Augusta - Rory McIlroy would "think twice" about playing another round with US President Donald Trump after the backlash he received from a February round at Trump International in Florida.
Four-time major winner McIlroy, trying to complete a career grand slam by winning the Masters, said he felt at the time that turning down Trump's invitation would have been a worse option.
"I felt I would have been making more of a statement if I had turned it down," McIlroy said. "It's not a tough place to be put in, but it was a round of golf and nothing more.
"Would I do it again? After the sort of backlash I received, I'd think twice about it."
McIlroy decision to play golf with Trump, whose statements about women have raised eyebrows, contrasted sharply with his own pro-women stand against members of Muirfield golf club in Scotland who disapprove of allowing women members.
Muirfield voted 80% in favour of admitting women earlier this year, but McIlroy said it was "obscene" that some had voted against the motion, noting "I won't be having many cups of tea with the members."
But when asked on Tuesday at Augusta National how that was any different from playing a round with Trump after the US President's comments about sexual assault and other controversies, McIlroy admitted, "It's a difficult one."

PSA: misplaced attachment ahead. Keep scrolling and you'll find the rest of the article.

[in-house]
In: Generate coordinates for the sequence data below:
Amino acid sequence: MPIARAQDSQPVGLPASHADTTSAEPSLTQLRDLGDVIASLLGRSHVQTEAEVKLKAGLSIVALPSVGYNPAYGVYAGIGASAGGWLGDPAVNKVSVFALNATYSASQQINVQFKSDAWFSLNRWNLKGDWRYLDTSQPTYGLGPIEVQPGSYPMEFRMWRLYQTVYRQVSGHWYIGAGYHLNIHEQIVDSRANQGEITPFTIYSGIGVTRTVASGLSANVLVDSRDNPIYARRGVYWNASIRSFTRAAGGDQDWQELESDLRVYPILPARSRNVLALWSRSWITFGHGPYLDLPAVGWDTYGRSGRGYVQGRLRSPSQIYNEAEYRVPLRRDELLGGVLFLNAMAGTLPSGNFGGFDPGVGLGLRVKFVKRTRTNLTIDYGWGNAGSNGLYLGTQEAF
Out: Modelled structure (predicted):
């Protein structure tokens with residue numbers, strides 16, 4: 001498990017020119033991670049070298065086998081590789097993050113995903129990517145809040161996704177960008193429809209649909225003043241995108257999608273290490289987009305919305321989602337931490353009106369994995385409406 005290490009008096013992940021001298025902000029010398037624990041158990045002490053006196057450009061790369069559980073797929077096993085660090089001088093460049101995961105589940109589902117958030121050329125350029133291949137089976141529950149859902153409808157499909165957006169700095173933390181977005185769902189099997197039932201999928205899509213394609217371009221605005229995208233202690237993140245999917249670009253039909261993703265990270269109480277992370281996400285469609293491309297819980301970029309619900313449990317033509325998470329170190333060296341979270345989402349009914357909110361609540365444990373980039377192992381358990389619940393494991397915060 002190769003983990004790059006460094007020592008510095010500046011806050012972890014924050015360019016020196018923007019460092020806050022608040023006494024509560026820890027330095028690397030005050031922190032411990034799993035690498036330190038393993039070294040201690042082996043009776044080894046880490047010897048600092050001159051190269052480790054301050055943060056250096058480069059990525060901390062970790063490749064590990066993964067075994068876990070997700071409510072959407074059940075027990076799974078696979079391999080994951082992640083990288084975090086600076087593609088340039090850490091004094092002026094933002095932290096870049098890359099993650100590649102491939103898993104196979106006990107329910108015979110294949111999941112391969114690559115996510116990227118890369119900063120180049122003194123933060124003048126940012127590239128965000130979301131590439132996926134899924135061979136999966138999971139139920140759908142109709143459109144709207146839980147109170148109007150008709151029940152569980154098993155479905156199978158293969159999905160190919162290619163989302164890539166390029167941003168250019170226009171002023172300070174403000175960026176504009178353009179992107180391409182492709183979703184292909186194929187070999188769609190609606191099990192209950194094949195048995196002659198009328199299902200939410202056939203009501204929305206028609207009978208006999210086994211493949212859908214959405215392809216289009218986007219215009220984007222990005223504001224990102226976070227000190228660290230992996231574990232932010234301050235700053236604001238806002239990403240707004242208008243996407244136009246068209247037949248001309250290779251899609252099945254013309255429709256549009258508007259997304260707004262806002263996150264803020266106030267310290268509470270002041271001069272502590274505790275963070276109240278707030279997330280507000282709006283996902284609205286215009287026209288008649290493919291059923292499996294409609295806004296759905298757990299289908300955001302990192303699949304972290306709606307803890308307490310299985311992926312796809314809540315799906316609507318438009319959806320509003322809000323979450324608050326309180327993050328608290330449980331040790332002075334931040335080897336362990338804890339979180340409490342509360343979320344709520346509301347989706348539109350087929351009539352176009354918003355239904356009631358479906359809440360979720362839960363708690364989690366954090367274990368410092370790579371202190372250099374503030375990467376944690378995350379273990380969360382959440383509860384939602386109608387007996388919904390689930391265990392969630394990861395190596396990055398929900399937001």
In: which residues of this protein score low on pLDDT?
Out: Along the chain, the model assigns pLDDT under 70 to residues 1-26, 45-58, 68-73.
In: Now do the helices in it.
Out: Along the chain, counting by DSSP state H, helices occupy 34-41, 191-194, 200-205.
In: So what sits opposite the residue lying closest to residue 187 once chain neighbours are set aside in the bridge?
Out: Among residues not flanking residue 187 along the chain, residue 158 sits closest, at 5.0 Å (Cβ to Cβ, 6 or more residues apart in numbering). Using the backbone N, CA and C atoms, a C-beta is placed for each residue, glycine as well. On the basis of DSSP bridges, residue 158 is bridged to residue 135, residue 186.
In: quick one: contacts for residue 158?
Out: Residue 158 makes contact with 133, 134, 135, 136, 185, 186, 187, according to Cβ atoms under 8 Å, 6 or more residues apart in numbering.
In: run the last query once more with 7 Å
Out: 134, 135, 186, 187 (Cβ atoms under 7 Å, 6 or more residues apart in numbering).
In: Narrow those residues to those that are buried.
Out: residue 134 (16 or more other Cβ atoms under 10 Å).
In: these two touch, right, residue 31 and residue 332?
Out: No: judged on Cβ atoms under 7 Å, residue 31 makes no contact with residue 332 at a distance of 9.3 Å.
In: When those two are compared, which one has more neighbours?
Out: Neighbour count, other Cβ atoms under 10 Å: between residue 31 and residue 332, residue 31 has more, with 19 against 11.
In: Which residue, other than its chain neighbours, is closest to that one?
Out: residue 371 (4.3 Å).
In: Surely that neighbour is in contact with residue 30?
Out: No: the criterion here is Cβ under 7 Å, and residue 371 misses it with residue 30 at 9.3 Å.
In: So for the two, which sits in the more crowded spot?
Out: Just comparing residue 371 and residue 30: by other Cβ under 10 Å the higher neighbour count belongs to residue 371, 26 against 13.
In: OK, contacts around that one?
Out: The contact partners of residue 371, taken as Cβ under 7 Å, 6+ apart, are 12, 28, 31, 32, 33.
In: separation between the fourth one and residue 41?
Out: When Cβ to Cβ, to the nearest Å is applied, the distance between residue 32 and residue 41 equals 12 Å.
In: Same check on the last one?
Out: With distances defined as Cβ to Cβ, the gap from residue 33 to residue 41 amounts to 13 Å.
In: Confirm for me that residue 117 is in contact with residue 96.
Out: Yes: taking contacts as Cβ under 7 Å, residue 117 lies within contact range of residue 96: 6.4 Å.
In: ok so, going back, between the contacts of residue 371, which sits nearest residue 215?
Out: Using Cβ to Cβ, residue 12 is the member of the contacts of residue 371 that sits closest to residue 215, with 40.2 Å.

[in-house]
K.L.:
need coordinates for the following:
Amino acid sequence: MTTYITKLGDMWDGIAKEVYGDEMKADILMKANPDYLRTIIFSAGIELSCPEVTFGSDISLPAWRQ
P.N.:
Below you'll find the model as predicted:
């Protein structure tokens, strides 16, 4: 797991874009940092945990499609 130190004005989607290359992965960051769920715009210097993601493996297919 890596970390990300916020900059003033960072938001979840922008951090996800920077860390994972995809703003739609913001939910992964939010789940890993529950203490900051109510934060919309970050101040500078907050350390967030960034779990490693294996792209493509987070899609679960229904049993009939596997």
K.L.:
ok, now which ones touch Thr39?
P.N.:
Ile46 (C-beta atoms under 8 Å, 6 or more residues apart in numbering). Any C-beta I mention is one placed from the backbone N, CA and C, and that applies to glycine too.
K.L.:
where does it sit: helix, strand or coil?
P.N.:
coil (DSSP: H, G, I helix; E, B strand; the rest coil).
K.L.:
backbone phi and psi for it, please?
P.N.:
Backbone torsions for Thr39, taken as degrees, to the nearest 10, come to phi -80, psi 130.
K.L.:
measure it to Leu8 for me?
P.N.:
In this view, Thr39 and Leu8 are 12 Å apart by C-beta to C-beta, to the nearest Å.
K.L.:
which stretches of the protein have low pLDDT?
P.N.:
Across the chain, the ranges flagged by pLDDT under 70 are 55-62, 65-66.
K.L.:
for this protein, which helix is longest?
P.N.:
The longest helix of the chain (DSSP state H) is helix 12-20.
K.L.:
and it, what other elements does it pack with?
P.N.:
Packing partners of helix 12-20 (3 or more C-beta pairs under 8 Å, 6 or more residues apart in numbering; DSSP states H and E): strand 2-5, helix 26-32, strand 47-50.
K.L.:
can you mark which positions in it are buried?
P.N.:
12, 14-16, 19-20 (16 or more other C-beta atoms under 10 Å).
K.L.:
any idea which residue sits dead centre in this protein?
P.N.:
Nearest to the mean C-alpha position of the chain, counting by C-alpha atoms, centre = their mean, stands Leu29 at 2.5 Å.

But he said Muirfield members and the US President were "two completely different things" and did not defend Trump's remarks.
Trump's presidential campaign was nearly derailed last year by sexual harassment charges and his boasts about groping women.
"I've spent time in President Trump's company before and that does not mean that I agree with everything he says. Actually the opposite," McIlroy said.
"We were never in a day and age where we could say those things, but some thought it was appropriate."
McIlroy said he wanted to see the scene around Trump and that no political issues came up as they toured the Trump-owned layout.
"Whenever an invitation or a request comes my way, I don't want to say I jump at the chance, but at the same time, to see the Secret Service, to see the scene, I mean, that's really what I was going for," McIlroy said.
"There was not one bit of politics discussed in that round of golf. He was more interested talking about the grass that he just put on the greens."
McIlroy had remarked that he had enjoyed a quiet run-up to the year's first major tournament, which starts on Thursday at Augusta National with top-ranked Dustin Johnson as the favourite after three wins in a row.
"It has been a relatively quiet build-up to the Masters for me, which has been quite nice," McIlroy said. "It's made a bit of a change from the last couple of years, especially '15, coming off the back of two major wins in a row and going for the career Grand Slam.
"Obviously this year, with Dustin winning three times, he's the form player right now... I don't feel like I can fly under the radar anymore, but at the same time, it has sort of felt that way to me and it has been nice to be able to prepare and just go about my business and try to get ready for this tournament."